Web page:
Opera + Classical Music Reviews

Total Immersion: Italian Radicals review – Martyn Brabbins and the BBCSO thrill at the Barbican

5 May 2024


A day devoted to Italy’s radical 20th century composers culminates in a blistering concert that exceeded all expectations.

Italian Radicals

The BBC Symphony Orchestra (Photo: Sarah Jeynes)

The BBC Symphony Orchestra’s Total Immersion weekends have become a regular fixture at the Barbican, offering an in depth exploration of a composer or musical genre by way of talks, chamber events and full-blown concerts. Their latest, ‘Italian Radicals’, took place in one day, and culminated in a concert on Sunday evening in the Barbican Hall, conducted by Martyn Brabbins, who was joined by a whole host of soloists – both instrumental and vocal.

On paper, an evening devoted to three composers, all born in the 1920s – Nono, Maderna and Berio, as well as the slightly older Dallapiccola looked challenging, to put it mildly. Two hours of Italian serialism, which I recall from my time at university reading music as being dry, theoretical and at times acrid, didn’t exactly set the pulses racing in advance, but it was time to challenge those preconceptions and assess music from this period afresh.

Few, if any, things are as rewarding as having your misconceptions quashed, as this superbly curated, brilliantly performed concert demonstrated. Indeed, this was one of the most genuinely exciting evenings I’ve spent in a concert hall for a long time, so it just goes to show that pushing yourself outside your comfort zone can be very fulfilling.

Arguably the most radical composer on the programme was Luigi Nono, whose centenary is this year. Politically charged, and outspoken on a whole range of issues, humanity, or the frailty of the human condition is a theme that runs through his work. His extraordinary work for large orchestra, soprano and tenor, Canti di vita e d’amore (Songs of Life and Love) and subtitled sul ponte di Hiroshima (on the bridge of Hiroshima), is a cry against fascism and the horrors of war. Written in 1961, the three part work draws on a different text for each section. 

The first, from Günther Anders’ Der Mann auf der Brücke: Tagebuch aus Hiroshima und Nagasaki (The Man on the Bridge: Diary from Hiroshima and Nagasaki), is loud, abrasive and jagged, requiring four percussionists and a battery of percussion to drive home the composer’s anger at the futility of nuclear war. Tenor John Findon held his own against the musical tumult, portraying the anguish vividly.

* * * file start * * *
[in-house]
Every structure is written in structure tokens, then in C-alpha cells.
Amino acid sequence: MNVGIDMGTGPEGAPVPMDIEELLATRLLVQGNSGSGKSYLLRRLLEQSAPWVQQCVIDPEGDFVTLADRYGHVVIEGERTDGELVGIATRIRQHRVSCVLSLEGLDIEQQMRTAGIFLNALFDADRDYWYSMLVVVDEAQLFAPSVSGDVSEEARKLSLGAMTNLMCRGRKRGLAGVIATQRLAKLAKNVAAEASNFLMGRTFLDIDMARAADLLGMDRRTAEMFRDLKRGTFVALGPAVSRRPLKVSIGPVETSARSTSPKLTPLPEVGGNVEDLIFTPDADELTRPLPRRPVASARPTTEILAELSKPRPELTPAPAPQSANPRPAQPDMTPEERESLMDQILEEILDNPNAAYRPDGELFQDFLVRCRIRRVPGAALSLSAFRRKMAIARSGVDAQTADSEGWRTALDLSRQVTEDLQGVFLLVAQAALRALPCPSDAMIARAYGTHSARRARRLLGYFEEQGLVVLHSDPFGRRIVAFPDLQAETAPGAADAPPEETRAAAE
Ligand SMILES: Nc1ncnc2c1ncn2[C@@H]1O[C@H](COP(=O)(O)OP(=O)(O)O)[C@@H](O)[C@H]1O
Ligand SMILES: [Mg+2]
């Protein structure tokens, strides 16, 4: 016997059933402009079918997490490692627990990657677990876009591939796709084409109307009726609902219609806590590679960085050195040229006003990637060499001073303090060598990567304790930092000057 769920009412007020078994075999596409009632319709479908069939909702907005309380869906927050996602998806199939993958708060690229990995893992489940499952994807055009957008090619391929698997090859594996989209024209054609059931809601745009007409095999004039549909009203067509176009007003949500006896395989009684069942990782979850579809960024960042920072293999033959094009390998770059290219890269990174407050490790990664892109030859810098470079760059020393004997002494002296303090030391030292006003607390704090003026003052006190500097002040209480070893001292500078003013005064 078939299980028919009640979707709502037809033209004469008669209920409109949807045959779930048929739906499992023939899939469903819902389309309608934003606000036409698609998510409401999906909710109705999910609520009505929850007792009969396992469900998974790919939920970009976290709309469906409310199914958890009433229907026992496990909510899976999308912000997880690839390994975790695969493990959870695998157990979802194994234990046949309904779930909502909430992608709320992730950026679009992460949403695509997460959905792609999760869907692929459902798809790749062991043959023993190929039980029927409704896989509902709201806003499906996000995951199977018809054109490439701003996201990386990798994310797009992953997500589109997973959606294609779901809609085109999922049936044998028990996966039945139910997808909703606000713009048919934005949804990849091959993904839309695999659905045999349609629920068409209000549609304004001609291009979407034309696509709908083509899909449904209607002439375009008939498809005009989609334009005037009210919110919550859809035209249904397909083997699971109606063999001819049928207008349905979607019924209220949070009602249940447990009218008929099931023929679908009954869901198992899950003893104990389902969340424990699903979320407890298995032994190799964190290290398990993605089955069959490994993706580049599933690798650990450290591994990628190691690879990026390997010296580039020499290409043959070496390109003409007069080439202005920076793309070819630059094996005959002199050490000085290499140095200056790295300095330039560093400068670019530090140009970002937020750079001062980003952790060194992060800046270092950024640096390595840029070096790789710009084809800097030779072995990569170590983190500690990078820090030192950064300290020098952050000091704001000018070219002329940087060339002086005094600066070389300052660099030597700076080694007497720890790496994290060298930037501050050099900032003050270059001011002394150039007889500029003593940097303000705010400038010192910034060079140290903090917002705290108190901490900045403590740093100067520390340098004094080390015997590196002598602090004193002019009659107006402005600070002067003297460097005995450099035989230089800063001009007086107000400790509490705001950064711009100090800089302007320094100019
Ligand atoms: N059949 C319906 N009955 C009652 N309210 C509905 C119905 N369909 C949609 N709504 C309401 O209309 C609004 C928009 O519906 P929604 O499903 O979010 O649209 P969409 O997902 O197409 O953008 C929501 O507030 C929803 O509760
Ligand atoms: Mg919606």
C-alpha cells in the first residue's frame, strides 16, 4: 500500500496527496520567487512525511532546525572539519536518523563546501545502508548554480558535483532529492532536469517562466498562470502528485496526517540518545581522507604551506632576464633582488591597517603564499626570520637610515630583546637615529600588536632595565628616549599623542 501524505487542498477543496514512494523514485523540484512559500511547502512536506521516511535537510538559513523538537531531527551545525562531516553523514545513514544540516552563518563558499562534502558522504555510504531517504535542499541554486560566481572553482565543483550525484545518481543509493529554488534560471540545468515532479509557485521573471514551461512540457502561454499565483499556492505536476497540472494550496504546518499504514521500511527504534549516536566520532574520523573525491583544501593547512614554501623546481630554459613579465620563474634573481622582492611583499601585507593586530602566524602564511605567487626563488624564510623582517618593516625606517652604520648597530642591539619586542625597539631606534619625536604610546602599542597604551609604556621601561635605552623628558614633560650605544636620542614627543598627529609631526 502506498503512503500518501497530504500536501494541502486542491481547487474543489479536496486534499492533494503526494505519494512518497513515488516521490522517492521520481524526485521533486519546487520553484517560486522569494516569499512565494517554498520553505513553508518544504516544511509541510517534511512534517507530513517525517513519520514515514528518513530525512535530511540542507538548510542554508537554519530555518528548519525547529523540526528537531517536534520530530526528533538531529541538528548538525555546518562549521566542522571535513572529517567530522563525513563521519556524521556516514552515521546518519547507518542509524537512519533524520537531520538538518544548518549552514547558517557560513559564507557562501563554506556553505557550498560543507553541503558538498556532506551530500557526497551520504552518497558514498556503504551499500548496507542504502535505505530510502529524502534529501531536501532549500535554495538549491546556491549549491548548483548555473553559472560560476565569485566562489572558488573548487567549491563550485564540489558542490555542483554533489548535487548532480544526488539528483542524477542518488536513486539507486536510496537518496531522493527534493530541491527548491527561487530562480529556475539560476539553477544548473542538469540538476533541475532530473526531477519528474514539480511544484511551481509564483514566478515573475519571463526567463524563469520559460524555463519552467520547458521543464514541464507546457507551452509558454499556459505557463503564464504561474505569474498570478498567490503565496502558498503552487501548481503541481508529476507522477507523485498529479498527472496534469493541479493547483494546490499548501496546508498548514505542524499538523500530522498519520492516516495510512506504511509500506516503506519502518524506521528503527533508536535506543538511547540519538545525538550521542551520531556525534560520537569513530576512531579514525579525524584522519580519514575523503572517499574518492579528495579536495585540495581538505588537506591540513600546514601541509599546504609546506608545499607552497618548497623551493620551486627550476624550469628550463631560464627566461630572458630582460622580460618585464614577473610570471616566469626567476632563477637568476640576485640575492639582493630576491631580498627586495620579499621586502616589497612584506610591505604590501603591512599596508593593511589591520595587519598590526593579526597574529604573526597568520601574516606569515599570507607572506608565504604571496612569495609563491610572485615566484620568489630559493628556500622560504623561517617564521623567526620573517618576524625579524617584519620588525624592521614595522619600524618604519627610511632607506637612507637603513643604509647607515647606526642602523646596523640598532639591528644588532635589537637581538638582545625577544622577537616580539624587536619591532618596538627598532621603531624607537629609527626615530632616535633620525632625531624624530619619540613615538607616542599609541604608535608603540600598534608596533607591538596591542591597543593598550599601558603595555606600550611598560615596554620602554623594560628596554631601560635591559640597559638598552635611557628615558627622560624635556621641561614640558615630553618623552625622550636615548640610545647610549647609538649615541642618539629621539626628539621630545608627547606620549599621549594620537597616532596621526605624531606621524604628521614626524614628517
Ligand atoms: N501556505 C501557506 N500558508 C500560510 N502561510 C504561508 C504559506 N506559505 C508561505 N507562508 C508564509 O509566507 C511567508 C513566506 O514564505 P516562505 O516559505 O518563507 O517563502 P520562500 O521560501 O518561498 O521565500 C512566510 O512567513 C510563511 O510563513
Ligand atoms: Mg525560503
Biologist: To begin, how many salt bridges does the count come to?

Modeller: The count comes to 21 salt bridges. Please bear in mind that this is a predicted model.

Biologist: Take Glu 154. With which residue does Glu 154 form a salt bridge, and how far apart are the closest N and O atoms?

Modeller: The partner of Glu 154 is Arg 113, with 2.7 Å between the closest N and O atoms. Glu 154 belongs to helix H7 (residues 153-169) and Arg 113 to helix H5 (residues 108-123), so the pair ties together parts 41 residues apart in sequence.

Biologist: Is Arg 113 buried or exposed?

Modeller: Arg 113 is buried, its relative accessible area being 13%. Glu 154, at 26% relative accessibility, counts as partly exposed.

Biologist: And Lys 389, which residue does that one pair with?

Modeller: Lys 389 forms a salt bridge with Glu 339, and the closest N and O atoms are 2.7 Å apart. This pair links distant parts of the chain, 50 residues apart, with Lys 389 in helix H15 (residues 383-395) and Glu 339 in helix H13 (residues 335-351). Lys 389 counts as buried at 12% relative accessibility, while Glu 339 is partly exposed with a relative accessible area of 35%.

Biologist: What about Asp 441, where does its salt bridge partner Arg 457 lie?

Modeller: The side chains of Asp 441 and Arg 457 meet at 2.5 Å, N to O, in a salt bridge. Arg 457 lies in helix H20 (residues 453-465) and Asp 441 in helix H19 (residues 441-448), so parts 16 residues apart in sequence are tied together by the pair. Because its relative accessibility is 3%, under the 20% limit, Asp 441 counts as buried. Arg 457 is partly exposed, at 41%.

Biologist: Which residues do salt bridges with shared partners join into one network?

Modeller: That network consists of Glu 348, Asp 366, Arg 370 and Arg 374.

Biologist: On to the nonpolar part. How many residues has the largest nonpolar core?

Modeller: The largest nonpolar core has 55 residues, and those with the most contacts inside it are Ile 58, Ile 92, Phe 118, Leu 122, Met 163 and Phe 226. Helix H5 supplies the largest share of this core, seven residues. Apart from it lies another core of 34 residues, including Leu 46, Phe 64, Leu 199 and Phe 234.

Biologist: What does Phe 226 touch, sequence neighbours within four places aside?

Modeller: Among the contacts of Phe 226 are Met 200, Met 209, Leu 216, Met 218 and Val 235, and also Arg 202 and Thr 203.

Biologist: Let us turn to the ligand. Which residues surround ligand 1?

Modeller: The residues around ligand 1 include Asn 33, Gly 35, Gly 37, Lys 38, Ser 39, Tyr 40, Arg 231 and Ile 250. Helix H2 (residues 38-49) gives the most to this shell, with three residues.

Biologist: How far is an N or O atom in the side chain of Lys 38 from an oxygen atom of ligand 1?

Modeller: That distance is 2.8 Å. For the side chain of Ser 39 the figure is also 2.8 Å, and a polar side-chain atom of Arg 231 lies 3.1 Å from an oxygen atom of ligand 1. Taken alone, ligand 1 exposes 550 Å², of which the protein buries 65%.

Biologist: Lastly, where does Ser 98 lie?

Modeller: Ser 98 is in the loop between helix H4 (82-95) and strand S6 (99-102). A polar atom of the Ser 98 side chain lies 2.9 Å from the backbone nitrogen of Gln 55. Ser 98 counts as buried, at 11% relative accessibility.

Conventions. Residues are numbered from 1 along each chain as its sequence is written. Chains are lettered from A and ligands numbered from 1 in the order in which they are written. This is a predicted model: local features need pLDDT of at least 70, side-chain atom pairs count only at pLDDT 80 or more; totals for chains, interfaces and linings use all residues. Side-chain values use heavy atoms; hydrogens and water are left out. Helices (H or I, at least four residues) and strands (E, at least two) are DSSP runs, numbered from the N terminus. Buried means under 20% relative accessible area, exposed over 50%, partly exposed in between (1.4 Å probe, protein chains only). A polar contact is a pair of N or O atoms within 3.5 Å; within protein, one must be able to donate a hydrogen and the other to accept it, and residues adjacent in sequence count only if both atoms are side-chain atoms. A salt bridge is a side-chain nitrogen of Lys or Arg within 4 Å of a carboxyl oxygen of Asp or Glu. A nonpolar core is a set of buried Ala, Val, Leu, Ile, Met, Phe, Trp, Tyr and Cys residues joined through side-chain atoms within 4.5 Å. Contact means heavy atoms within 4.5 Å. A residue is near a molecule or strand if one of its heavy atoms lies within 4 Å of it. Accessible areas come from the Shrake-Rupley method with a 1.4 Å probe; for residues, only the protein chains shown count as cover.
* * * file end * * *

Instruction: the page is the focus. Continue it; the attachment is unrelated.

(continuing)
“…this was one of the most genuinely exciting evenings I’ve spent in a concert hall for a long time…”

Italian Radicals

Martyn Brabbins (Photo: Sarah Jeynes)

The mood changes in the second movement, which is based on Spanish poet and dissident Jesús López Pacheco’s poem Esta Noche (This Night). Nono changed the title to Djamila Boupacha, as he wanted to honour Boupacha who had become an international hero in the anti-colonialist struggle for Algerian liberation. This hauntingly beautiful unaccompanied section was mesmerisingly sung by soprano Anna Dennis who navigated Nono’s complex vocal lines without batting an eyelid, no mean feat given how challenging they were, and required her to sing at the very extremes of her range. The final movement, Tu (You) is based on a love poem by Italian poet Cesare Pavese, and brought both singers together – their voices blending mellifluously in this final love duet. This illuminating work deserves to be heard far and wide.

Maderna and Berio were both fascinated with how far you could explore and exploit an instrument’s musical range – in the process testing a performer’s skill to the limits. On the basis of Nicholas Daniel’s phenomenal oboe playing in Maderna’s Oboe Concerto No. 3, his skills seemed limitless. Opening with a series of staccato high pitch tones and trills, Daniel highlighted both his, and the instrument’s versatility. Maderna creates an engaging musical conversation between soloist and orchestra, as different themes weave their way between the two. At one point Daniel even puts his oboe aside, creating sounds with a single reed. His agility and musicianship were breathtaking, as was conductor Martyn Brabbins who brought out all the distinct colours of the work.

Similarly, Berio wrote a series of works for solo instruments, and here Thomas Lessels performed Parisi’s arrangement of Sequenza IXc for bass clarinet (originally scored for a standard B-flat clarinet) with dexterity and panache, revelling in the complexity of Berio’s writing which encapsulates the extremes of the instrument’s registers.

For the final work on the programme, the BBCSO were joined by the BBC Singers for a performance of Berio’s eclectic and seminal Sinfonia. Brabbins led an astonishingly assured reading that highlighted Berio’s daring originality. The famous third movement, where he recomposes that of Mahler’s 2nd Symphony, is littered with musical references – The Rite of Spring, La Mer, Der Rosenkavalier – which all made their mark, while the amplified vocal interjections were brilliantly executed by the always excellent BBC Singers.

Throughout the evening, which began with a beguiling account of Dallapiccola’s Three Questions and Two Answers, the playing of all sections of the BBCSO was beyond reproach. And given this repertoire is far from standard concert fare, they really did excel, expertly guided by Brabbins, who understands this genre more than most.

A thrilling evening then, which was recorded for broadcast on 1 July. Not to be missed.


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